Consciousness can refer to many things, depending on how abstract you want to get with it (are any of us every really conscious?). In scientific terms, however, we’ve all had experience with it: We’re conscious when we’re awake, and we’re unconscious whenever we’re not. How exactly this is controlled was never clear, but New Scientist reports that scientists from George Washington University have successfully controlled consciousness with electrical impulses for the first time.
Of course, there’s a major caveat: They’ve only performed the exercise on one person.
The research centers around the claustrum, a small area of the brain now believed to control how the brain takes wildly unrelated activity and forms it into coherent thoughts, feelings and emotions. Though only tangentially, it brings us closer to addressing the more abstract, philosophical notions of consciousness.
“Ultimately, if we know how consciousness is created and which parts of the brain are involved then we can understand who has it and who doesn’t,” says Christof Koch, at the Allen Institute for Brain Science in Seattle. “Do robots have it? Do fetuses? Does a cat or dog or worm? This study is incredibly intriguing but it is one brick in a large edifice of consciousness that we’re trying to build.”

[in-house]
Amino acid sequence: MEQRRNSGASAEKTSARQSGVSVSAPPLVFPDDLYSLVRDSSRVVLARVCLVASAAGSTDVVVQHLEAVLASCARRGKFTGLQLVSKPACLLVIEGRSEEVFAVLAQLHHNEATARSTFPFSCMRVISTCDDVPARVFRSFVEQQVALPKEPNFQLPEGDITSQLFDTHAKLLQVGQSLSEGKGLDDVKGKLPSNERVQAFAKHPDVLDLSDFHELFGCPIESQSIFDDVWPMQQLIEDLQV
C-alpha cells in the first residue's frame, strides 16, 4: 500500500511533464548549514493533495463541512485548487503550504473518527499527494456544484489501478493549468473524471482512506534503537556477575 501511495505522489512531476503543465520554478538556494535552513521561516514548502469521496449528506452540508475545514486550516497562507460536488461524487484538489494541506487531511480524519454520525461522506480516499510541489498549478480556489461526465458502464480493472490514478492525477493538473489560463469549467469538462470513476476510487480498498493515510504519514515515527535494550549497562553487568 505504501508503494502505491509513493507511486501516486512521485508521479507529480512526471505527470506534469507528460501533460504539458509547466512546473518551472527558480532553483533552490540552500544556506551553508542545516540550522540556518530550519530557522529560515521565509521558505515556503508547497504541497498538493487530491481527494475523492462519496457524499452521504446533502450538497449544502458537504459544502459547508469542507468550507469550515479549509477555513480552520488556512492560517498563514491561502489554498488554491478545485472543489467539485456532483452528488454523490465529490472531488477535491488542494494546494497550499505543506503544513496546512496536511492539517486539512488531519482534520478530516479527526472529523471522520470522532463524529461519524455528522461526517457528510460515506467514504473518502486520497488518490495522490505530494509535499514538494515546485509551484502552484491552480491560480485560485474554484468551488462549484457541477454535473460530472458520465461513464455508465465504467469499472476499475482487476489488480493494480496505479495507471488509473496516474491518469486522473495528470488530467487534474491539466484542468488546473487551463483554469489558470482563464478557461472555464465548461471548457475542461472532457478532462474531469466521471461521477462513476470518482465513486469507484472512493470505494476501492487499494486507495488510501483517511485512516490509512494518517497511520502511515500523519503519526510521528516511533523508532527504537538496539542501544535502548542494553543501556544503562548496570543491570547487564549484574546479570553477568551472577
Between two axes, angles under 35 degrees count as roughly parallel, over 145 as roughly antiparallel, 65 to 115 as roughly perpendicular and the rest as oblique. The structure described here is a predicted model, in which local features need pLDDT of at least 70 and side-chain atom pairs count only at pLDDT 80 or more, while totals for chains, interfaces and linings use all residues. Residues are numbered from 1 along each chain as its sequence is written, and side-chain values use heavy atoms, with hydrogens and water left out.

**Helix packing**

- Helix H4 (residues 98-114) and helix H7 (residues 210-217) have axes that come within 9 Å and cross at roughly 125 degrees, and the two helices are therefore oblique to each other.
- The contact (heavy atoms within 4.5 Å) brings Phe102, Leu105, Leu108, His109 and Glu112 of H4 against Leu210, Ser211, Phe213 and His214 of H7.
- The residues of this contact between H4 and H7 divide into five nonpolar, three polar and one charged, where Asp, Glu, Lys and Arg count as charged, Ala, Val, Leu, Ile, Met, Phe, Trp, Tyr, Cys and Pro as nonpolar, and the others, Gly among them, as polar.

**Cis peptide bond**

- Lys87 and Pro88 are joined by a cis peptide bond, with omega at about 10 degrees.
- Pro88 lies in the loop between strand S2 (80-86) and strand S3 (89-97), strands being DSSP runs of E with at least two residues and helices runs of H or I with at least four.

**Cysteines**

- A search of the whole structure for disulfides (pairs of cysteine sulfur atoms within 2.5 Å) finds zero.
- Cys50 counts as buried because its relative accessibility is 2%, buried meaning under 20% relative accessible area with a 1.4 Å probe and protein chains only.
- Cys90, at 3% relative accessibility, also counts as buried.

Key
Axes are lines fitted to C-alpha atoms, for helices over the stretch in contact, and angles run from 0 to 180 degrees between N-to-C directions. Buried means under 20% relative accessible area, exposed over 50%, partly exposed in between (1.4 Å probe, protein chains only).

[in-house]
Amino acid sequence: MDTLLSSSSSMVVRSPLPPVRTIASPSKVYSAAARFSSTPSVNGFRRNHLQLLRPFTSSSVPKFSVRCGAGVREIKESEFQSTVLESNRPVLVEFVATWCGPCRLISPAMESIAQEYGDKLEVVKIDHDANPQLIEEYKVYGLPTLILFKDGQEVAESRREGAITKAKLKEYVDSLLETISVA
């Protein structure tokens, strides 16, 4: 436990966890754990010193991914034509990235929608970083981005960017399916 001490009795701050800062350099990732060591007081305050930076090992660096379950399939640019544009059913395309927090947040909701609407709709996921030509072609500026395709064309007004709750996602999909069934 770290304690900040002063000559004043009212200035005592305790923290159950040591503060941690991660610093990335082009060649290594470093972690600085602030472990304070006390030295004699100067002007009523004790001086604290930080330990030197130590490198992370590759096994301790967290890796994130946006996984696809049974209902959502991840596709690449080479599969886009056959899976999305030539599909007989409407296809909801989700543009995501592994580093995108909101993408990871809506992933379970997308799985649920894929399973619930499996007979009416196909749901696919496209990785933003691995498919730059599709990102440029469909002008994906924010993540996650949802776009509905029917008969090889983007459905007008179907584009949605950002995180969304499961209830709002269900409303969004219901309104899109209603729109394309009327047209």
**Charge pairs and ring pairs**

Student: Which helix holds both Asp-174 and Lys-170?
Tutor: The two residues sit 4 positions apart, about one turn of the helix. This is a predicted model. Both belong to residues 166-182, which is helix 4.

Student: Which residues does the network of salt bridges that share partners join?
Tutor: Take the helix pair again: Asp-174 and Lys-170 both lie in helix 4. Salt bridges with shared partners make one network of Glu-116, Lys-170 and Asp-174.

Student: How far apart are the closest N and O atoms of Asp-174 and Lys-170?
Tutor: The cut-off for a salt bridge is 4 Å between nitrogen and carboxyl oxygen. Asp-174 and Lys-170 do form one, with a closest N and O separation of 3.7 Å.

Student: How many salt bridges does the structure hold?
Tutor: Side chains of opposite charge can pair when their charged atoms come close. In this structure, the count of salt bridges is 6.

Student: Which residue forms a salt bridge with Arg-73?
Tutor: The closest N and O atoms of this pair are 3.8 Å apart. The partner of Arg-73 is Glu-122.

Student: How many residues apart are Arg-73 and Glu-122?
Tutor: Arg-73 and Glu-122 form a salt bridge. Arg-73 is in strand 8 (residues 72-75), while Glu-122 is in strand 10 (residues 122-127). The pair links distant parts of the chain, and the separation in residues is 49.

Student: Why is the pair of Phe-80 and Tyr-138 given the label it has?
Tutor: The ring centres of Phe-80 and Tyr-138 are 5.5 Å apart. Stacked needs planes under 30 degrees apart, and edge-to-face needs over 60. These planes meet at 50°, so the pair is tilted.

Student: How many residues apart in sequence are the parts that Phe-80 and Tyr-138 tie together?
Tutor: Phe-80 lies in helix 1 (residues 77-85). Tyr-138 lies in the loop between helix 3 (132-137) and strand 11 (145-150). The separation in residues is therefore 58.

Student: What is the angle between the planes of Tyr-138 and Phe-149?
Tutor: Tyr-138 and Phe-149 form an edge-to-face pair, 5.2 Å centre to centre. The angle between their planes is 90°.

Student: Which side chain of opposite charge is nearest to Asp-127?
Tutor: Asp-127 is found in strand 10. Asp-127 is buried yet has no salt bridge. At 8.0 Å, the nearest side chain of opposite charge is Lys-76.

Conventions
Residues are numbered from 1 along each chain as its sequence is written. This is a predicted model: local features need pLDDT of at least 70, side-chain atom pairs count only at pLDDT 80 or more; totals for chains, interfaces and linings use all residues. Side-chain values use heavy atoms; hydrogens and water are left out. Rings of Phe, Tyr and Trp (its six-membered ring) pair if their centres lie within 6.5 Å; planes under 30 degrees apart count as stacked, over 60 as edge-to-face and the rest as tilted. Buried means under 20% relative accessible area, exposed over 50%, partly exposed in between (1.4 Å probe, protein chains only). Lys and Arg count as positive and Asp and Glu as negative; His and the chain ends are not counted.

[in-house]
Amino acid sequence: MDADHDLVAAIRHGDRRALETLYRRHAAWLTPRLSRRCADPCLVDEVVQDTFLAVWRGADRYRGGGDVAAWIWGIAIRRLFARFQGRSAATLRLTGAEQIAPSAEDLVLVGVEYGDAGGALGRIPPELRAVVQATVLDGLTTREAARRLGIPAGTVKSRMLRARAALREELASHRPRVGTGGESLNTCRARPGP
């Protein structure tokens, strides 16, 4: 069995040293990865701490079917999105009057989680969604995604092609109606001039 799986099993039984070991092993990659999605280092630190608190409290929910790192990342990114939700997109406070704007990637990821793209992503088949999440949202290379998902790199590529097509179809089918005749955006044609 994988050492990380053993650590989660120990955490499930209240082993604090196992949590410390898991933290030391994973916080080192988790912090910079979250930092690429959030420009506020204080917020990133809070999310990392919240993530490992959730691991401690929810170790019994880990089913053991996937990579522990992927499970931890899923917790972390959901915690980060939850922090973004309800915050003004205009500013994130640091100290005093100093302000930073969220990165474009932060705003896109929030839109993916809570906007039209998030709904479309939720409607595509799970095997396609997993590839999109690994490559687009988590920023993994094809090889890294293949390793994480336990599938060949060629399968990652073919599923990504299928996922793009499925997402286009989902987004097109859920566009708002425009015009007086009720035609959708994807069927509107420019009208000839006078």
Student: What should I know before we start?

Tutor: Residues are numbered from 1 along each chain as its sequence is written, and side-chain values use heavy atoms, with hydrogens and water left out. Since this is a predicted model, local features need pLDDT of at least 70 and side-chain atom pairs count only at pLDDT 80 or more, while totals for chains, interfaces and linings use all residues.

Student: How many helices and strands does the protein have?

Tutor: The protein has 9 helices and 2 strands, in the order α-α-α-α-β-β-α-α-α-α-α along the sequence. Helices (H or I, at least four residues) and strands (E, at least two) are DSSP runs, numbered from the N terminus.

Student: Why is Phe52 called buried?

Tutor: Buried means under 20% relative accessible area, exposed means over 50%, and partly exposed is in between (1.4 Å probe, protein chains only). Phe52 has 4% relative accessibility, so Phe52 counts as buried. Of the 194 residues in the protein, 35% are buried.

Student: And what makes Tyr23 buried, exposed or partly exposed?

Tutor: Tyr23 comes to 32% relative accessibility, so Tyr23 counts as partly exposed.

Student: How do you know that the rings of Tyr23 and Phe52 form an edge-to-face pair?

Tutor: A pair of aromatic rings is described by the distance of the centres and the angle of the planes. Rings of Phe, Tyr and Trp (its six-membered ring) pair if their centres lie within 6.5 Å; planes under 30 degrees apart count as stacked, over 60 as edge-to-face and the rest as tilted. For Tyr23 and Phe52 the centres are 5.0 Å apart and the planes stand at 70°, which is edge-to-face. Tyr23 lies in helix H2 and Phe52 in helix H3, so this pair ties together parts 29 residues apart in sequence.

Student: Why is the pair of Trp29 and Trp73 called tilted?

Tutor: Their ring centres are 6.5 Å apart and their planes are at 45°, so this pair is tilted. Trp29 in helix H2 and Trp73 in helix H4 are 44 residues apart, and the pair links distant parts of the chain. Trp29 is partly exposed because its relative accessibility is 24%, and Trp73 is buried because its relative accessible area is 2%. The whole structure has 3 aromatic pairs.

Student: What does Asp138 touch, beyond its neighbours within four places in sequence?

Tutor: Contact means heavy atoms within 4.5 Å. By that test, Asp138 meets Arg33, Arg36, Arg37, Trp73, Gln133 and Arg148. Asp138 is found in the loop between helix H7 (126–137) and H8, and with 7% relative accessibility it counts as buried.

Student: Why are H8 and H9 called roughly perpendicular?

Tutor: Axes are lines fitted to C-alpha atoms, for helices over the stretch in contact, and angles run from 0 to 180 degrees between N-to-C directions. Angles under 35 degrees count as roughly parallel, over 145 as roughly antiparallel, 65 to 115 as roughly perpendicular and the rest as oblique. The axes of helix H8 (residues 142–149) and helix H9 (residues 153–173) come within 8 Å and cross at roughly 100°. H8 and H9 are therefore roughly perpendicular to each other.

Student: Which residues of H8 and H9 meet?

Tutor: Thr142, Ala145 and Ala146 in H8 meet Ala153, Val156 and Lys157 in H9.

There’s not much to the claustrum, little more than a small, thin sheet of brain matter situated deep within the brain. Still, Kock and his colleagues believed it to be perfectly suited to interpreting environmental factors and helping to package them into perceptible experiences. Their suspicions were confirmed last week when a study was published by George Washington University’s Mohamad Koubeissi: By stimulating the claustrum of an epileptic woman, he was able to bring her in and out of consciousness.
While stimulated, the patient was essentially comatose, unresponsive to all stimuli. As soon as the electrical pulses ceased, she regained consciousness. Though more research is needed (and obviously a larger sample size), Koubeissi believes the claustrum may act like a car ignition, functioning as the one place where disparate systems come together to operate the machine.